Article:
Has anyone speculated about Jenny Kwan running? First term MP, but her provincial experience is extensive, she's tri-lingual, and seems to be a strong communicator. Her travel expense scandal in BC was resolved and acknowledged as not being her fault, so I don't think anyone but the most ardent right-wingers would hold that against her. Thoughts?

Geoff

Boulerice took one look in the mirror, saw the beard and decided, "I don't have a chance". Wink (Okay, maybe not. In fact, I agree that it is too bad he's decided not to run.)

Given that Boulerice is our of the race, Charlie Angus is looking like one of the most serious potential contenders for the job. I think he would be an excellent leader who might appeal to social activists across the country, a consituency that the party has failed to impress, to date.

My understanding is that his French is still a 'work in progress', but if he were to choose Romeo Saganash as Deputy Leader, he could address that criticism and buttress his already substantial credibilty as an advocate for indigenous issues. (I believe this strategy has come up on other Babble threads.)

Also, I have read, maybe on Rabble, that Niki Ashton is holding meetings in different regions of the country to talk policy, so perhaps there is a leadership bid in the making. Whatever the case, I sure hope some of these folks will at least start musing about running before Canadians forget the NDP exists.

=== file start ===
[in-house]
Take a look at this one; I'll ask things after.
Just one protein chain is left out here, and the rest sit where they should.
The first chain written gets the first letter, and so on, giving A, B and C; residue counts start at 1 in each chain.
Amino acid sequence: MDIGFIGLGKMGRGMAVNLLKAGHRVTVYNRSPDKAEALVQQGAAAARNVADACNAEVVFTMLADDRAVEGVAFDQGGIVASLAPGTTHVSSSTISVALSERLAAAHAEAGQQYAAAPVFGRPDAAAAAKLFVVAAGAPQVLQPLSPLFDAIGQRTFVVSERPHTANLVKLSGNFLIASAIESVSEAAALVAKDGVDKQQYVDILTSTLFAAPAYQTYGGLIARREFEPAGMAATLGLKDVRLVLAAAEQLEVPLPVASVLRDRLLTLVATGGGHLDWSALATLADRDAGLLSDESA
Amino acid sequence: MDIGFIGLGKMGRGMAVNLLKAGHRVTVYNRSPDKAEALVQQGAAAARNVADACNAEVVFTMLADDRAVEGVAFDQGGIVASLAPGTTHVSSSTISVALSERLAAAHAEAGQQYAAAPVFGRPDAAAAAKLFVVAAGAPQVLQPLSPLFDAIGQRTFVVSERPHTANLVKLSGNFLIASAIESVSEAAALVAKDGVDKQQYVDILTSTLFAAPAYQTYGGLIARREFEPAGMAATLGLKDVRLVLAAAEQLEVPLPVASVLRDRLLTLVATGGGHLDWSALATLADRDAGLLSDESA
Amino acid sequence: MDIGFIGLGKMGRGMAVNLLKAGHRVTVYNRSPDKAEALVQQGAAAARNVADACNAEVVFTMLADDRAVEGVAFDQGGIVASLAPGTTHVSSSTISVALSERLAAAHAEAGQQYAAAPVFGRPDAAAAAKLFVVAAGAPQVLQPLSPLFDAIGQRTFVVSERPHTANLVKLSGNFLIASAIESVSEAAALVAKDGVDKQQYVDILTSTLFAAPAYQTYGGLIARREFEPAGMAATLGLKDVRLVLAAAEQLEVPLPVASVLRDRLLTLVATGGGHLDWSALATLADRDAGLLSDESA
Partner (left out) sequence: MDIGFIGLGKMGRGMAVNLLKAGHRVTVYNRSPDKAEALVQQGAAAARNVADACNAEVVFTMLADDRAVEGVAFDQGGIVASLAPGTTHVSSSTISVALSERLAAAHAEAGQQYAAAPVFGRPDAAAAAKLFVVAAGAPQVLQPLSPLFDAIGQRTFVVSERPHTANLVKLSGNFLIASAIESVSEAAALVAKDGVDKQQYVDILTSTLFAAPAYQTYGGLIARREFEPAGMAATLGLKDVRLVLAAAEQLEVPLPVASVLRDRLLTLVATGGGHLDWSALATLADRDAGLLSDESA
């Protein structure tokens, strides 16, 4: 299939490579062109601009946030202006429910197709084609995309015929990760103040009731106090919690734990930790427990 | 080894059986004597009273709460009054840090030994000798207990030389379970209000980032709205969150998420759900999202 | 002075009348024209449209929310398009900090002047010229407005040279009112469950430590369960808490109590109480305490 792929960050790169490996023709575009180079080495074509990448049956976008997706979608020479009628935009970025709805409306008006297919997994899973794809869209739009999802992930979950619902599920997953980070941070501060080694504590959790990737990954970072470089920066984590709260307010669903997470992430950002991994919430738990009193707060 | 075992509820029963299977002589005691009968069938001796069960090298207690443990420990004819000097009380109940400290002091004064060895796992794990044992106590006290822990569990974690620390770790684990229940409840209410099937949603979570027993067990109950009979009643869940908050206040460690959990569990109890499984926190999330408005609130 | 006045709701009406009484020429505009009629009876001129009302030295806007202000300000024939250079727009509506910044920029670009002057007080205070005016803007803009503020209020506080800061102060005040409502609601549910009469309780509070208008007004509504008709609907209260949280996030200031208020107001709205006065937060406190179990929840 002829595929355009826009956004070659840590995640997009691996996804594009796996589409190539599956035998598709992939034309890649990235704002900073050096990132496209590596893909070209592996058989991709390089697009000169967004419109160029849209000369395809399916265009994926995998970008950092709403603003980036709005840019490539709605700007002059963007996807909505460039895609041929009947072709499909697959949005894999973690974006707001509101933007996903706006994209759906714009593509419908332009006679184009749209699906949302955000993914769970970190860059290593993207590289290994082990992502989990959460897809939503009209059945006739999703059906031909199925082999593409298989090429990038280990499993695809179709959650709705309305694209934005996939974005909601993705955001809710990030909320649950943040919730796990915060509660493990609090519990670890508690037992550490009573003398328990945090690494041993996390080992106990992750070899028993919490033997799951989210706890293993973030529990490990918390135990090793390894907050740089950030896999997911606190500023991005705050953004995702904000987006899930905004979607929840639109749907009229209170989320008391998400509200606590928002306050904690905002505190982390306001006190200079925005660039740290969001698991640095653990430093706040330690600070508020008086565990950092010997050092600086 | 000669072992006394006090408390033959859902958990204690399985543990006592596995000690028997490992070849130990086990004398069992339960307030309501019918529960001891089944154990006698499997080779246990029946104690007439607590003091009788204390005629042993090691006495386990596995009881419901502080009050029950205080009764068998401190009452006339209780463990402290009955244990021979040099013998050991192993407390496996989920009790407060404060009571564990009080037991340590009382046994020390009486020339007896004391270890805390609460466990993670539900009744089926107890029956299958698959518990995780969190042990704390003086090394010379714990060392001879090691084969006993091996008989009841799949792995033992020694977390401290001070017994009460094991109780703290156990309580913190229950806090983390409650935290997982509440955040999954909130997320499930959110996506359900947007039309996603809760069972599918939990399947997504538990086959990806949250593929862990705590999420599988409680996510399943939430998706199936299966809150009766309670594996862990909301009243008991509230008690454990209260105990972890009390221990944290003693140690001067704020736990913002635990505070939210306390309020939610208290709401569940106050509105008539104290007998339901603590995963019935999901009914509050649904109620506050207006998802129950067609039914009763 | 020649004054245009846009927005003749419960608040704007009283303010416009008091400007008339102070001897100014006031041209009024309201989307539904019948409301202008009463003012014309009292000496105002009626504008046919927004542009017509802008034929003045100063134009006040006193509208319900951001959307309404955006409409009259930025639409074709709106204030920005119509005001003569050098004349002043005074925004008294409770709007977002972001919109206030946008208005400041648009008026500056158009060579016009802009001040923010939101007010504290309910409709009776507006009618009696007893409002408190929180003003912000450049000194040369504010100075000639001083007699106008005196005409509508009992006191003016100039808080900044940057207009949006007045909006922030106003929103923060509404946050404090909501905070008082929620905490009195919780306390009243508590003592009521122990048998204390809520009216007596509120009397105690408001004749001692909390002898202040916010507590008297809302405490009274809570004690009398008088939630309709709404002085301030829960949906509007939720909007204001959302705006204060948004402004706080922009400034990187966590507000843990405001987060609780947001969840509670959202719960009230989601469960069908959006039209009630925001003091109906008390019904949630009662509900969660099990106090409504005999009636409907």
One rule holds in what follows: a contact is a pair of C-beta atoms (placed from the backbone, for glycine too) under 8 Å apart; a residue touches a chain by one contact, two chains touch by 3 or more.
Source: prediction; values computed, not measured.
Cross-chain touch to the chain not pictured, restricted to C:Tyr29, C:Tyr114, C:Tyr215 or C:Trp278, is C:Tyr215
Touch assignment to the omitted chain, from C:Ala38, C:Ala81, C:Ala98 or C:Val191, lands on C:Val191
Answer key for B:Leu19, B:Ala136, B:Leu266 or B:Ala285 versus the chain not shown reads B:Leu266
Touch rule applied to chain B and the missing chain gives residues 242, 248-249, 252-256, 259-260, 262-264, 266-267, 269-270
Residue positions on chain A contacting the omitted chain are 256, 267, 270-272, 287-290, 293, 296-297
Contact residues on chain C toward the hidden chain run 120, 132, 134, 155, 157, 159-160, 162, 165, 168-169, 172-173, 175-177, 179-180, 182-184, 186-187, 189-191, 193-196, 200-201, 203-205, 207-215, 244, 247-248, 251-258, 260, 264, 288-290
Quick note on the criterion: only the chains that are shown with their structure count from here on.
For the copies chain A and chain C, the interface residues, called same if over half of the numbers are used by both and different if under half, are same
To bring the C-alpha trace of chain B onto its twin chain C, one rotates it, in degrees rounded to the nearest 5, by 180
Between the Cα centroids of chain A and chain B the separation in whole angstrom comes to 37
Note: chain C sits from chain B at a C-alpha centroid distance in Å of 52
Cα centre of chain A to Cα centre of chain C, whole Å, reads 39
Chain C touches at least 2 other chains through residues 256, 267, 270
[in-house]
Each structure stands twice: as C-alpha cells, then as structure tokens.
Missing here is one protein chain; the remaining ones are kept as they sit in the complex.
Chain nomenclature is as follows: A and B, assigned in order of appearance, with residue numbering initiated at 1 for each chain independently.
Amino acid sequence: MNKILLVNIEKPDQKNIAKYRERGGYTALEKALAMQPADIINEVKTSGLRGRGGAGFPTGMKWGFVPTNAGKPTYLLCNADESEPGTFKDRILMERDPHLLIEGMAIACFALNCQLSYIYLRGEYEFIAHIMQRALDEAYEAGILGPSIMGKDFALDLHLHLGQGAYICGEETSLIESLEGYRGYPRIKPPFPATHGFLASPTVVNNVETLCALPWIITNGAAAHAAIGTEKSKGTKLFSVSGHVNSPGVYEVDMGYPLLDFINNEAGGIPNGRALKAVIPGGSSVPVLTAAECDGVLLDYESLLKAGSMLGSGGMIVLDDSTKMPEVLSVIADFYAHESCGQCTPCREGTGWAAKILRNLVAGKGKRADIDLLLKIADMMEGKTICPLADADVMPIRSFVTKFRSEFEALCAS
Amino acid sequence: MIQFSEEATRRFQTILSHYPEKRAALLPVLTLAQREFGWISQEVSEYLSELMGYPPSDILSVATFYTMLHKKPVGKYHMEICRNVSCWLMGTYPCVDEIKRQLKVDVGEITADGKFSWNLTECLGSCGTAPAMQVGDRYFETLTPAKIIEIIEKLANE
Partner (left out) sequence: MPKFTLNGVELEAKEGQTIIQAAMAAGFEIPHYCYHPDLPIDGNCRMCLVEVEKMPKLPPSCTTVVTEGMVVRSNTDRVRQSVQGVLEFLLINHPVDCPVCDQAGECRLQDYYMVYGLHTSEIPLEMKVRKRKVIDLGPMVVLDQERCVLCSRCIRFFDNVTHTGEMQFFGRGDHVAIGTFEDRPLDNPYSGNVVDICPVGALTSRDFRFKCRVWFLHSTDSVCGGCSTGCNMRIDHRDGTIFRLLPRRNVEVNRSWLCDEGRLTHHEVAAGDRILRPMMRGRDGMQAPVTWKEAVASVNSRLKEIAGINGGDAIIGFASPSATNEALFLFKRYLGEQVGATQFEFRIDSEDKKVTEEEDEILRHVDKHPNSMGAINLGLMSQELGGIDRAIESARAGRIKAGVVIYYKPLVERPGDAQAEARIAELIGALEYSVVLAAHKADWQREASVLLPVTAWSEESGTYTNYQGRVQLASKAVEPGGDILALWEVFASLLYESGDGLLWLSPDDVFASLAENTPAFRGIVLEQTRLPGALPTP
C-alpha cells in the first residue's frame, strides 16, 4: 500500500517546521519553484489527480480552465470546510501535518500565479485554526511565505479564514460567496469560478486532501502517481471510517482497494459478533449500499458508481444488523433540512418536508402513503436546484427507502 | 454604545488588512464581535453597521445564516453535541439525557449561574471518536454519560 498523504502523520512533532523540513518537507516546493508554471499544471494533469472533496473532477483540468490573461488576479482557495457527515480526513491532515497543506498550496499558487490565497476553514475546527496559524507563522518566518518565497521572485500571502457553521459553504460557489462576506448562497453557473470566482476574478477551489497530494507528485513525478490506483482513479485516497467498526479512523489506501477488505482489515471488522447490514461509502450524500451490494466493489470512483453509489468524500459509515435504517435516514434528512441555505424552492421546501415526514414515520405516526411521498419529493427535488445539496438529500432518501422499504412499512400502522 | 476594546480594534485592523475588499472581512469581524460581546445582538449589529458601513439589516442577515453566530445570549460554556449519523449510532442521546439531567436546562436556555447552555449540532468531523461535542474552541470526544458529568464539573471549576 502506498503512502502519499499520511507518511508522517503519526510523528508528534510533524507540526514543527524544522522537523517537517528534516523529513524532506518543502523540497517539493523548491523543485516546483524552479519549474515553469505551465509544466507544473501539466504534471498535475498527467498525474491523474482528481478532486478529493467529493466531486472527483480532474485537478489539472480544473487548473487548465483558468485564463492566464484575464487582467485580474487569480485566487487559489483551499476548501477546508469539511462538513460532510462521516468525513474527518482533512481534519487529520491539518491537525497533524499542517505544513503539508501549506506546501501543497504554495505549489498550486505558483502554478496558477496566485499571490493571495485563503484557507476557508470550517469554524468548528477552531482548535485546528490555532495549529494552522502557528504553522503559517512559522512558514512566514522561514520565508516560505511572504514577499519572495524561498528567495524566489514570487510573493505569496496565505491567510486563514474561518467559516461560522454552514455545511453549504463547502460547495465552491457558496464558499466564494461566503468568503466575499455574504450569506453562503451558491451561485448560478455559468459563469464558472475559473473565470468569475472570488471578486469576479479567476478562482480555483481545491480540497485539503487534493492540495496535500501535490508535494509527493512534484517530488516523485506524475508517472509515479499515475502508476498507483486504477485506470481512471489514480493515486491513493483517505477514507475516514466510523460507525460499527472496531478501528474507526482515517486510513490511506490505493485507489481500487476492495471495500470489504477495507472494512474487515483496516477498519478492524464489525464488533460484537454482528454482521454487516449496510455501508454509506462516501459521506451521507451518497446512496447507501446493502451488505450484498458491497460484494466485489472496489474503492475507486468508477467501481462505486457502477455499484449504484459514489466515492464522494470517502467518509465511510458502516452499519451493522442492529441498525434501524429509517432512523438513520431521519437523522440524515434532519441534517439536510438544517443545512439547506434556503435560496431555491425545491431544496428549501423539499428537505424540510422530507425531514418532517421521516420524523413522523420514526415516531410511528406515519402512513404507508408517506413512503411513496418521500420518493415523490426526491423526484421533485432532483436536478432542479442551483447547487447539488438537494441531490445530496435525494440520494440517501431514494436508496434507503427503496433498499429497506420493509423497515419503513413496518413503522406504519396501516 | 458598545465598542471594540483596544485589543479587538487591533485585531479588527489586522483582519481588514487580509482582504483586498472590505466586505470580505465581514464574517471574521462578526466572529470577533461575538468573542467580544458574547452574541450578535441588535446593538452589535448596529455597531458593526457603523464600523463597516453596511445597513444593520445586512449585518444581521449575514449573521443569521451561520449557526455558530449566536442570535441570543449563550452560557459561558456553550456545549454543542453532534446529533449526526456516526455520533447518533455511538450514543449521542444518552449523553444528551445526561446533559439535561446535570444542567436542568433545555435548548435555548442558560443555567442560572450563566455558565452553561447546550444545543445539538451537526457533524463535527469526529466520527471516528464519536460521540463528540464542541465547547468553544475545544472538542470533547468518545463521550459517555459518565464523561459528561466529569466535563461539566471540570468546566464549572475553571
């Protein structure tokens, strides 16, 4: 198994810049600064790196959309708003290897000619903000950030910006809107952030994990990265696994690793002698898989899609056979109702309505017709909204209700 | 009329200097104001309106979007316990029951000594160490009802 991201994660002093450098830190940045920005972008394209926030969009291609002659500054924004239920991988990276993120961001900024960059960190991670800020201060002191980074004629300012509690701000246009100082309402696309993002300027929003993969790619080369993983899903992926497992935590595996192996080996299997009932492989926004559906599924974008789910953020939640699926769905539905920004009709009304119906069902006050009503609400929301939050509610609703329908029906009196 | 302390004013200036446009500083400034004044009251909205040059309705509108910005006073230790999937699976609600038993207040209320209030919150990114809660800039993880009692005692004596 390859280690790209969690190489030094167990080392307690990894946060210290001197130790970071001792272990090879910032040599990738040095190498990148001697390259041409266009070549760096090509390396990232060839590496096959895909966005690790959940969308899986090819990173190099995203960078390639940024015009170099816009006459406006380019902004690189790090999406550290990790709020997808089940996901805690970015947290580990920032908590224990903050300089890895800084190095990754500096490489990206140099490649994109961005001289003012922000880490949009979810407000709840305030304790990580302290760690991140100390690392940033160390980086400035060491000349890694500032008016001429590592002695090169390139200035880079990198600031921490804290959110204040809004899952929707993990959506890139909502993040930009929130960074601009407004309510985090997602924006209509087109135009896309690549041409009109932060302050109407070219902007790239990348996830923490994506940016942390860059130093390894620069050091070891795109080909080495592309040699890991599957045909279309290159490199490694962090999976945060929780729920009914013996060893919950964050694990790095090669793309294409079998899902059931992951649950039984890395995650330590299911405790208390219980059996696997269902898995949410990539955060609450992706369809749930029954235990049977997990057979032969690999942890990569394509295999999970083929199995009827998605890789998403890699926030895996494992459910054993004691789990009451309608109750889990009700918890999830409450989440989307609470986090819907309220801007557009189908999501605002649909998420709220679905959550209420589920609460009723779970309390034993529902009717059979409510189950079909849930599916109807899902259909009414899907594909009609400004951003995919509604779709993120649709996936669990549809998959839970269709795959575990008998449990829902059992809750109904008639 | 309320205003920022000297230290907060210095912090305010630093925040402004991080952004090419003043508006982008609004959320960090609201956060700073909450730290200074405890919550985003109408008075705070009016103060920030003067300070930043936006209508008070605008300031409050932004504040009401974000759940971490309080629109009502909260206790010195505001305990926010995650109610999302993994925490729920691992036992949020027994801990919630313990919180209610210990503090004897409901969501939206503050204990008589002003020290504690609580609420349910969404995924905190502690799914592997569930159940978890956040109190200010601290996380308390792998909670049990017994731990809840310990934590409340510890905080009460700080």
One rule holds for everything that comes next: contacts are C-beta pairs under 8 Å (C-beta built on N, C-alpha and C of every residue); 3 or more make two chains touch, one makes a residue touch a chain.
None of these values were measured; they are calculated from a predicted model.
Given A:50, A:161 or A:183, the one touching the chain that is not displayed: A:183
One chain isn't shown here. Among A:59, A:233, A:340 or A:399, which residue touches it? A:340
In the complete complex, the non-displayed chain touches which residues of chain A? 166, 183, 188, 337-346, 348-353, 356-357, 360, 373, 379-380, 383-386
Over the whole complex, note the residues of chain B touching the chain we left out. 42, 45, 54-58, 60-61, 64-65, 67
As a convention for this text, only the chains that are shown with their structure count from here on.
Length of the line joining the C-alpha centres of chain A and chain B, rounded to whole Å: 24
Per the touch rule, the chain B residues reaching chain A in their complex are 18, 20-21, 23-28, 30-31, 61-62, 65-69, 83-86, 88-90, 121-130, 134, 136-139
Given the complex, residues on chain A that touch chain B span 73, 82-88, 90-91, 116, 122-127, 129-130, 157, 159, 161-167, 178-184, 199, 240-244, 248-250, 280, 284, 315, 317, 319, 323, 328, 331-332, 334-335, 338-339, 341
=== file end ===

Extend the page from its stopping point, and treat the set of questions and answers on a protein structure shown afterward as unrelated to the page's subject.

cco

R.E.Wood wrote:

Has anyone speculated about Jenny Kwan running? First term MP, but her provincial experience is extensive, she's tri-lingual, and seems to be a strong communicator. Her travel expense scandal in BC was resolved and acknowledged as not being her fault, so I don't think anyone but the most ardent right-wingers would hold that against her. Thoughts?

Disclaimer first: I've never been to BC, so all my information on BC politics is secondhand. That said, last time I brought Kwan up to an NDPer from BC, I was told there's a lot of residual bad blood from her trying to oust Carole James back in 2010. Not that that would necessarily carry over to the federal level, but it's something to consider, since the on-the-ground militants out there seem to be less than keen on her. If she's burned her bridges with the provincial party, that might make it tougher for her to organize a leadership run.

mark_alfred